Activin-dependent signaling in fibro/adipogenic progenitors causes fibrodysplasia ossificans progressiva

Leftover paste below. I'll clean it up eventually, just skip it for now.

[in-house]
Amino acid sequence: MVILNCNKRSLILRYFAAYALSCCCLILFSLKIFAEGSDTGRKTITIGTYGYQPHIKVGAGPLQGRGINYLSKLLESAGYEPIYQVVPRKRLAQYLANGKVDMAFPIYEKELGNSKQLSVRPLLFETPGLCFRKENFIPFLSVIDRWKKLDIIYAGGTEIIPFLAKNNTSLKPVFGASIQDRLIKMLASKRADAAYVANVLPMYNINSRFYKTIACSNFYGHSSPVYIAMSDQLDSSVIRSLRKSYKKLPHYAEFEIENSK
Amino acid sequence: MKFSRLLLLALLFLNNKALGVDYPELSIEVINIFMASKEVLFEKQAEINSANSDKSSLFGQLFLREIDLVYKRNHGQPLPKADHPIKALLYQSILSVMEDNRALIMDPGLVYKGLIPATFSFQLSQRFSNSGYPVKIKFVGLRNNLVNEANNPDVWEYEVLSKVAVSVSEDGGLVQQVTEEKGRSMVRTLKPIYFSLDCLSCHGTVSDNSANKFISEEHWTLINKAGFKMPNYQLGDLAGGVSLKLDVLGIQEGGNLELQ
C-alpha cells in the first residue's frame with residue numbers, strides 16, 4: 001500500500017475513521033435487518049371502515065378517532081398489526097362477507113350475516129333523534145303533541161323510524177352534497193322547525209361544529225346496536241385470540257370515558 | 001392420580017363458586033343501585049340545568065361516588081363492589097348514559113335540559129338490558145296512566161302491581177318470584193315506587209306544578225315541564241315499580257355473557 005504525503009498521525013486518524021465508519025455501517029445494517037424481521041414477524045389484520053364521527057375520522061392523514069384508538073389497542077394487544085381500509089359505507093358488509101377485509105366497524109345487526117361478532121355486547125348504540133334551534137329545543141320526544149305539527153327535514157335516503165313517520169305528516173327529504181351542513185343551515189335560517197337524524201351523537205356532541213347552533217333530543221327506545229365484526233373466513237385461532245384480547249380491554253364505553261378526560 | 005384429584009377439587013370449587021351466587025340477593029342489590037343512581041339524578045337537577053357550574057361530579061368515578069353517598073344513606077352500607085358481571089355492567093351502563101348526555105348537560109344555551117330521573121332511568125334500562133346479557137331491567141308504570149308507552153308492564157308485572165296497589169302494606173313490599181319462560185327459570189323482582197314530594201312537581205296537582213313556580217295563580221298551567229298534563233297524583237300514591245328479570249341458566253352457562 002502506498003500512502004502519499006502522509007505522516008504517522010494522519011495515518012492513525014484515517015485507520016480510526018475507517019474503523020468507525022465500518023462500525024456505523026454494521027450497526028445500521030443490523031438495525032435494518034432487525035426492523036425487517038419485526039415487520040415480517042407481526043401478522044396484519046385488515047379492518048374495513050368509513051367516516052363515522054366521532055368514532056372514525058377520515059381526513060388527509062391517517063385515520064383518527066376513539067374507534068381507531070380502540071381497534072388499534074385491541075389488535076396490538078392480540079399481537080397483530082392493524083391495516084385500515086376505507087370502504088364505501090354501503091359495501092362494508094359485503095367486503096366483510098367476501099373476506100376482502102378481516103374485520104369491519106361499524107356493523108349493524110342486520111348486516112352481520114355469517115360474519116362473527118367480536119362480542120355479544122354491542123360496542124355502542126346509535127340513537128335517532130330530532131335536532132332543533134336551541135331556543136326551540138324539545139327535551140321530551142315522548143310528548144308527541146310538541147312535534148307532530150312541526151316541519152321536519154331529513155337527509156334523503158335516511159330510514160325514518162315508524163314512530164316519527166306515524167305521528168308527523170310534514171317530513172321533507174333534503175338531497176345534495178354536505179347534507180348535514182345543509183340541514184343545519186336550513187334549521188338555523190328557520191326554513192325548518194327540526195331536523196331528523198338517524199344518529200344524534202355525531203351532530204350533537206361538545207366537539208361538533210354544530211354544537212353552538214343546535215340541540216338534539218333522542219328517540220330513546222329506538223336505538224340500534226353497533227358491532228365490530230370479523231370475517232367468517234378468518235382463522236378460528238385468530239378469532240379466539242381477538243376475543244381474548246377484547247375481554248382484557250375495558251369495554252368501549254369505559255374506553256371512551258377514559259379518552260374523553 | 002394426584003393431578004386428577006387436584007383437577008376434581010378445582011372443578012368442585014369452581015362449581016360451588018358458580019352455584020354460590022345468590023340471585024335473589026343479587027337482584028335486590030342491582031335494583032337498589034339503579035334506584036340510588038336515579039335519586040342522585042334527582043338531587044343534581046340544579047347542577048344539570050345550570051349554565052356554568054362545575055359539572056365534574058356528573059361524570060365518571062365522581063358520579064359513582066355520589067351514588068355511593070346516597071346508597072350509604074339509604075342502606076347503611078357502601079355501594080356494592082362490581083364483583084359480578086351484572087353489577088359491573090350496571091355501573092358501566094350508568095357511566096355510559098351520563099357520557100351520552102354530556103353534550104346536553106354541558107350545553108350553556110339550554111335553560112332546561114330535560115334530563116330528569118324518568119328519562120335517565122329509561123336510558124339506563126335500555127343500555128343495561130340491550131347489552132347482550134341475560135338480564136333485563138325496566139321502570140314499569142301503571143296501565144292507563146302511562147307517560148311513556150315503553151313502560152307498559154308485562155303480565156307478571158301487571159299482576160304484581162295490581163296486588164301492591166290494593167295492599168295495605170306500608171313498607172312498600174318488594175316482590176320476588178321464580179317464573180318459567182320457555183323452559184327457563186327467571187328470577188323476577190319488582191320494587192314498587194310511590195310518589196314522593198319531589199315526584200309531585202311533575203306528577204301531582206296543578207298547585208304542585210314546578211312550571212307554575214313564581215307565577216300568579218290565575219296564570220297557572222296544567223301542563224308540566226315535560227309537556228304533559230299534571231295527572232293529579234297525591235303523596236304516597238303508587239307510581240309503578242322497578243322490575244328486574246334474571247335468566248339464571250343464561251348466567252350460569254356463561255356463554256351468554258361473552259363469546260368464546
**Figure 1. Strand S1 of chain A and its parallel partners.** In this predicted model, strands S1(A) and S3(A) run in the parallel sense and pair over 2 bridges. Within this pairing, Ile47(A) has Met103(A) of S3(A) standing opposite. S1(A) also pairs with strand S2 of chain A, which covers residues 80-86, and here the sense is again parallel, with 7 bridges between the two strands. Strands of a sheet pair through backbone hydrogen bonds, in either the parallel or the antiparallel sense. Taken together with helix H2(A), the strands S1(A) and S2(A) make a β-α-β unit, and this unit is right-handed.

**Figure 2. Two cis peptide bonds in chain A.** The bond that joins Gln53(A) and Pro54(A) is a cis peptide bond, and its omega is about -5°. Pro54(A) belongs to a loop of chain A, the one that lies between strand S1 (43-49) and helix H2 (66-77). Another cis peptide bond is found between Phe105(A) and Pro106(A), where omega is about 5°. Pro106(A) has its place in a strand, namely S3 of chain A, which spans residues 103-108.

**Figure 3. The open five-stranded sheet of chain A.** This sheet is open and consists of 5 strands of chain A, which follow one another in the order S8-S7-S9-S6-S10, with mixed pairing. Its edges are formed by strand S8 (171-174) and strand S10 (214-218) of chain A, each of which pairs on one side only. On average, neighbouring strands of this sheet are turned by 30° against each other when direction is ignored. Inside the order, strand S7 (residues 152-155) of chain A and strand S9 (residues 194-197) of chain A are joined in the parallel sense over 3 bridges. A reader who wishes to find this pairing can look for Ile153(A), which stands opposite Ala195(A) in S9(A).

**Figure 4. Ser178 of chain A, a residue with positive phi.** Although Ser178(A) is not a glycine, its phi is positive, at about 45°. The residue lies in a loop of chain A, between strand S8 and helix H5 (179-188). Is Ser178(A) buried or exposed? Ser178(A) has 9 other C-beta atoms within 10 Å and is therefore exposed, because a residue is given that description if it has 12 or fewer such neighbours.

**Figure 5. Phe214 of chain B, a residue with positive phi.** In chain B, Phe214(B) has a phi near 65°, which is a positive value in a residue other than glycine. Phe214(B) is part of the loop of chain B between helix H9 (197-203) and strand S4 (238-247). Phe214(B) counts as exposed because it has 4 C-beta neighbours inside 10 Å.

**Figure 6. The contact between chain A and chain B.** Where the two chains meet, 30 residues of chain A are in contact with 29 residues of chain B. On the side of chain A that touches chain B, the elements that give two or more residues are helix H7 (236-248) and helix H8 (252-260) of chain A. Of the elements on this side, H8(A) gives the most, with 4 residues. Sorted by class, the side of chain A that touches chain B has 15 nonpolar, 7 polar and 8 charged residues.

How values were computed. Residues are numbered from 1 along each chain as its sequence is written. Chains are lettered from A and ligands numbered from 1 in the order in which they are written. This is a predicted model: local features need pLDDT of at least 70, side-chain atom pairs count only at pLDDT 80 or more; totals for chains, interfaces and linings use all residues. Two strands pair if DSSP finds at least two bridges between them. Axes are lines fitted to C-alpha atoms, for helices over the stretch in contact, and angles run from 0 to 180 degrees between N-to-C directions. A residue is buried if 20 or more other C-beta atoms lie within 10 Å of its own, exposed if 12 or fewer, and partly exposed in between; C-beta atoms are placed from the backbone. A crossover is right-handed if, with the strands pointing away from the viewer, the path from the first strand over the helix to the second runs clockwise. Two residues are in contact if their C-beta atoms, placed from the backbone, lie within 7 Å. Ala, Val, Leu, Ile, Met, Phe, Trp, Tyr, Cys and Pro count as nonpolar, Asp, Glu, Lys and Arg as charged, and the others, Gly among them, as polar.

Fibrodysplasia ossificans progressiva (FOP) is a rare autosomal-dominant disorder characterized by progressive and profoundly disabling heterotopic ossification (HO). Here we show that fibro/adipogenic progenitors (FAPs) are a major cell-of-origin of HO in an accurate genetic mouse model of FOP (Acvr1tnR206H). Targeted expression of the disease-causing type I bone morphogenetic protein (BMP) receptor, ACVR1(R206H), to FAPs recapitulates the full spectrum of HO observed in FOP patients. ACVR1(R206H)-expressing FAPs, but not wild-type FAPs, activate osteogenic signaling in response to activin ligands. Conditional loss of the wild-type Acvr1 allele dramatically exacerbates FAP-directed HO, suggesting that mutant and wild-type ACVR1 receptor complexes compete for activin ligands or type II BMP receptor binding partners. Finally, systemic inhibition of activin A completely blocks HO and restores wild-type-like behavior to transplanted Acvr1R206H/+ FAPs. Understanding the cells that drive HO may facilitate the development of cell-specific therapeutic approaches to inhibit catastrophic bone formation in FOP.